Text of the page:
Enrile signs subpoenas for Ombudsman, et al
MANILA, Philippines (2nd UPDATE) - The Senate has sent subpoenas to people Chief Justice Renato Corona wants to appear in the impeachment court before he himself testifies.
Senate President Juan Ponce Enrile on Wednesday morning signed the subpoenas for Ombudsman Conchita Carpio-Morales, who ordered Corona to explain his alleged possession of $10 million in various bank accounts, and some of those who complained against him before the Ombudsman: Akbayan Rep. Walden Bello, former Akbayan Rep. Risa Hontiveros-Baraquel, Harvey Keh of the Kaya Natin Movement, and Emmanuel Santos.
Aside from testifying in the impeachment trial, the subpoena orders them to bring the original and certified true copies of the complaints against Corona, and of the documents where they based the allegation that Corona keeps $10 million in different bank accounts.
In asking them to testify, Enrile said the impeachment court’s concern is not to find out if the $10 million is ill-gotten. The impeachment court earlier prohibited the presentation of any evidence concerning the allegation of unexplained wealth.
“If there is a $10 million, the characterization of that amount regarding its source is immaterial. We only characterize it as asset,” he said. “Was it included in the SALN (statement of assets, liabilities and net worth) or not?”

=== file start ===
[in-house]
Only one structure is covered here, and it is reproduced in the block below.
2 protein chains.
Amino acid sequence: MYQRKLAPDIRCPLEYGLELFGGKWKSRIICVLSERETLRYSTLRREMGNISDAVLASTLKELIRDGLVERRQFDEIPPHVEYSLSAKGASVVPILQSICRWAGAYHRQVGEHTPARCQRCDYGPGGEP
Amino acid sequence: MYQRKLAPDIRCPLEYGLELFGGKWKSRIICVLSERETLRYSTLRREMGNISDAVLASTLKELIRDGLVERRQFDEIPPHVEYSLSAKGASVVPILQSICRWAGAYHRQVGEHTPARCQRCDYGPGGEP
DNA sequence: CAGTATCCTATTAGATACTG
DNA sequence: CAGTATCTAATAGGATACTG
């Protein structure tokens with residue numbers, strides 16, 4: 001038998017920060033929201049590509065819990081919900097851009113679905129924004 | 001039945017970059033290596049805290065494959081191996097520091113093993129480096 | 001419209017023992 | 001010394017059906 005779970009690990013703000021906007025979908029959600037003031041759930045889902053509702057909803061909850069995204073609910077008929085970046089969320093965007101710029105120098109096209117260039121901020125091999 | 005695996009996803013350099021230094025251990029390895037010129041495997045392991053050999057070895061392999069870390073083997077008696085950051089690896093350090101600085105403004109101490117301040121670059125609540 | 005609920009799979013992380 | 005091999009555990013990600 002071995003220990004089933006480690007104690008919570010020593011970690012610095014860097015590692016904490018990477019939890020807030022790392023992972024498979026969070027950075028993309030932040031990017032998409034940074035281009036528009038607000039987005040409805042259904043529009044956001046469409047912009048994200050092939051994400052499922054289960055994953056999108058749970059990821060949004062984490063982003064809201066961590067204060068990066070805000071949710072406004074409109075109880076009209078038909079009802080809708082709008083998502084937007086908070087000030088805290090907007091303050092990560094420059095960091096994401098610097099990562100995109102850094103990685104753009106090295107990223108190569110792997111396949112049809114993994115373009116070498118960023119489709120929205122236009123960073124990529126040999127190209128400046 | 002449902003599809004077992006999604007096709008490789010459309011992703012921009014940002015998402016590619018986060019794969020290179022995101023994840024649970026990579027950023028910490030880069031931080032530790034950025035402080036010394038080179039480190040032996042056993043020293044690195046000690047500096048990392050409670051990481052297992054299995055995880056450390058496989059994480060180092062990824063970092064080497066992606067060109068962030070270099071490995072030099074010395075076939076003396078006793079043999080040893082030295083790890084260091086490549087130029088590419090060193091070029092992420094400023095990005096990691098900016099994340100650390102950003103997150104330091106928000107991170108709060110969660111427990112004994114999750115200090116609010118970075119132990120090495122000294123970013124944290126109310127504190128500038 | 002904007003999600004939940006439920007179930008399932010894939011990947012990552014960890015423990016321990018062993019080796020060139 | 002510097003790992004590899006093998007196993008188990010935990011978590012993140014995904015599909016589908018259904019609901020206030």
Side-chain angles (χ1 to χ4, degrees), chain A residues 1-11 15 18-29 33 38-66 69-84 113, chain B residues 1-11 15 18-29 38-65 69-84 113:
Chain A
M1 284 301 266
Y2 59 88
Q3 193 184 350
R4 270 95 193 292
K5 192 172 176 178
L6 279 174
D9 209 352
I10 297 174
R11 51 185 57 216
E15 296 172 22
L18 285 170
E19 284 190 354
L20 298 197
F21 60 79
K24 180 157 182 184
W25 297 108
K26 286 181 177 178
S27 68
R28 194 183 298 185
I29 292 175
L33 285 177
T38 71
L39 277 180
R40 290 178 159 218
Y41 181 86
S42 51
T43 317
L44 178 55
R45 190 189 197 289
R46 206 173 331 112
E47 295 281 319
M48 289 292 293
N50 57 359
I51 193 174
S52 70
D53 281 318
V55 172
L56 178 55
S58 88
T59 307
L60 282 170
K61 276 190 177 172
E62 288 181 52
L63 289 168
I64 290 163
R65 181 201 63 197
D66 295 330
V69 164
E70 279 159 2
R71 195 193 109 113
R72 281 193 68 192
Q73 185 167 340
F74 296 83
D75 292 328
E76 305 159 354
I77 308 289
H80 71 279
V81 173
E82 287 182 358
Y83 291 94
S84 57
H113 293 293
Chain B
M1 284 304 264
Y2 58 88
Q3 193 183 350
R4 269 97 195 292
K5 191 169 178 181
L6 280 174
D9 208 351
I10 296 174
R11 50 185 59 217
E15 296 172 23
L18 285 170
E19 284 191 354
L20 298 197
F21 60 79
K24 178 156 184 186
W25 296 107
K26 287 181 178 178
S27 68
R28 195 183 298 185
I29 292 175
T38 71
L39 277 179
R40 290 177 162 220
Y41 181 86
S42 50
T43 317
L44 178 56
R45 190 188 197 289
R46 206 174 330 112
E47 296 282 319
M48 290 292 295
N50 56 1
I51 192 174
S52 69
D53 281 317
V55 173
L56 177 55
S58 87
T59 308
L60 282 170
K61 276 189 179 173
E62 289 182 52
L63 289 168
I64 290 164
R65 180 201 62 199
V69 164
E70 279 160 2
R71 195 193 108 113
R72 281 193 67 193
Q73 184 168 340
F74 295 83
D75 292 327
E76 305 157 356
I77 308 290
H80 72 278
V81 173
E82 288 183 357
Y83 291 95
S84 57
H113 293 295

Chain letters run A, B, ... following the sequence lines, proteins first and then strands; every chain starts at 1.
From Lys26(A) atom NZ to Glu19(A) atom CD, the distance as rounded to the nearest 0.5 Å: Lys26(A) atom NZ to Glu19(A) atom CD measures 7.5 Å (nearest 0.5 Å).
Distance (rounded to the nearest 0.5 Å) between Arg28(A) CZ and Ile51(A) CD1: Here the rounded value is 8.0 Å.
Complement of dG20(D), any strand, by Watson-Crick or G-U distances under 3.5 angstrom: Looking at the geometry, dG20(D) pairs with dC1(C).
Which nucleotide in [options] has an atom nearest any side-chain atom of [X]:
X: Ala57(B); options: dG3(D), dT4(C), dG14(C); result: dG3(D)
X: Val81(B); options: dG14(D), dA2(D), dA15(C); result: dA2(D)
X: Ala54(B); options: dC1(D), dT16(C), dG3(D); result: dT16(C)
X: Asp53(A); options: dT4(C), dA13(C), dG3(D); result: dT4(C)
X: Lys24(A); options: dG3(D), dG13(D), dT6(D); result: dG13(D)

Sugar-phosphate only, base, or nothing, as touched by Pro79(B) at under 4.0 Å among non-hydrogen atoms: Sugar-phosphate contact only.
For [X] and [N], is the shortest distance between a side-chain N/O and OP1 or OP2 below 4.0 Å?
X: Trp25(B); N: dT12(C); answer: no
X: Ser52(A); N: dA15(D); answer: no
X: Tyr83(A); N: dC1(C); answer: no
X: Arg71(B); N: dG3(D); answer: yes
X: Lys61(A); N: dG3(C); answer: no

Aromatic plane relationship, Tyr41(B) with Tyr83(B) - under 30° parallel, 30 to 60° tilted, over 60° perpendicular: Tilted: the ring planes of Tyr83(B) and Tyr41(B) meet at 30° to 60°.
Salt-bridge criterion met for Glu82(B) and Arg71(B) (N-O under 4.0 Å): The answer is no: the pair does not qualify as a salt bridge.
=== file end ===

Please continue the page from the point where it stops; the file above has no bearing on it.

Not all summoned will take witness stand
Senate Majority Leader Vicente Sotto III said not all of those who were summoned will be called to the witness stand.
“If most of the testimonies that will be given are corroborative, then we need not call all of them,” he told reporters.
Enrile, the impeachment court’s presiding officer, said he trusts in the defense’s word that Corona will “bare all out” once it is his turn to testify.
He added that the impeachment court cannot force Corona to answer all questions thrown at him.
“Nasa kanya ‘yon if he will answer or not,” Enrile said. “We are not going to be abrasive or disrespectful. We’ll grant him all the courtesies due him as Chief Justice of the Supreme Court.”
Drilon: Don't count on CJ answering all questions
Meantime, Senator-judge Franklin Drilon said Corona's appearance in his trial does not mean he will answer all questions thrown at him, and even senators cannot force him to say everything.
Drilon on Wednesday said it is Corona's constitutional privilege to remain silent if he wishes even while he's already at the witness stand.
"The Chief Justice can invoke his right to refuse to answer a question on the ground that it could incriminate him," he said.
If Corona does so, however, Drilon said the evidence presented against him would remain unrebutted.
"Hindi po namin siya puwedeng pilitin na sumagot. Ngunit kung ano man ang ebidensya na iharap sa impeachment court tungkol sa bagay na ito will stand unchallenged," he told reporters.
Corona may even choose not to disclose his dollar accounts.
But Drilon said he hopes Corona would remain true to his pubic statements that he will open his accounts for scrutiny.
During Tuesday's hearing, Corona's lawyers said there is a big possibility that Corona will disclose everything.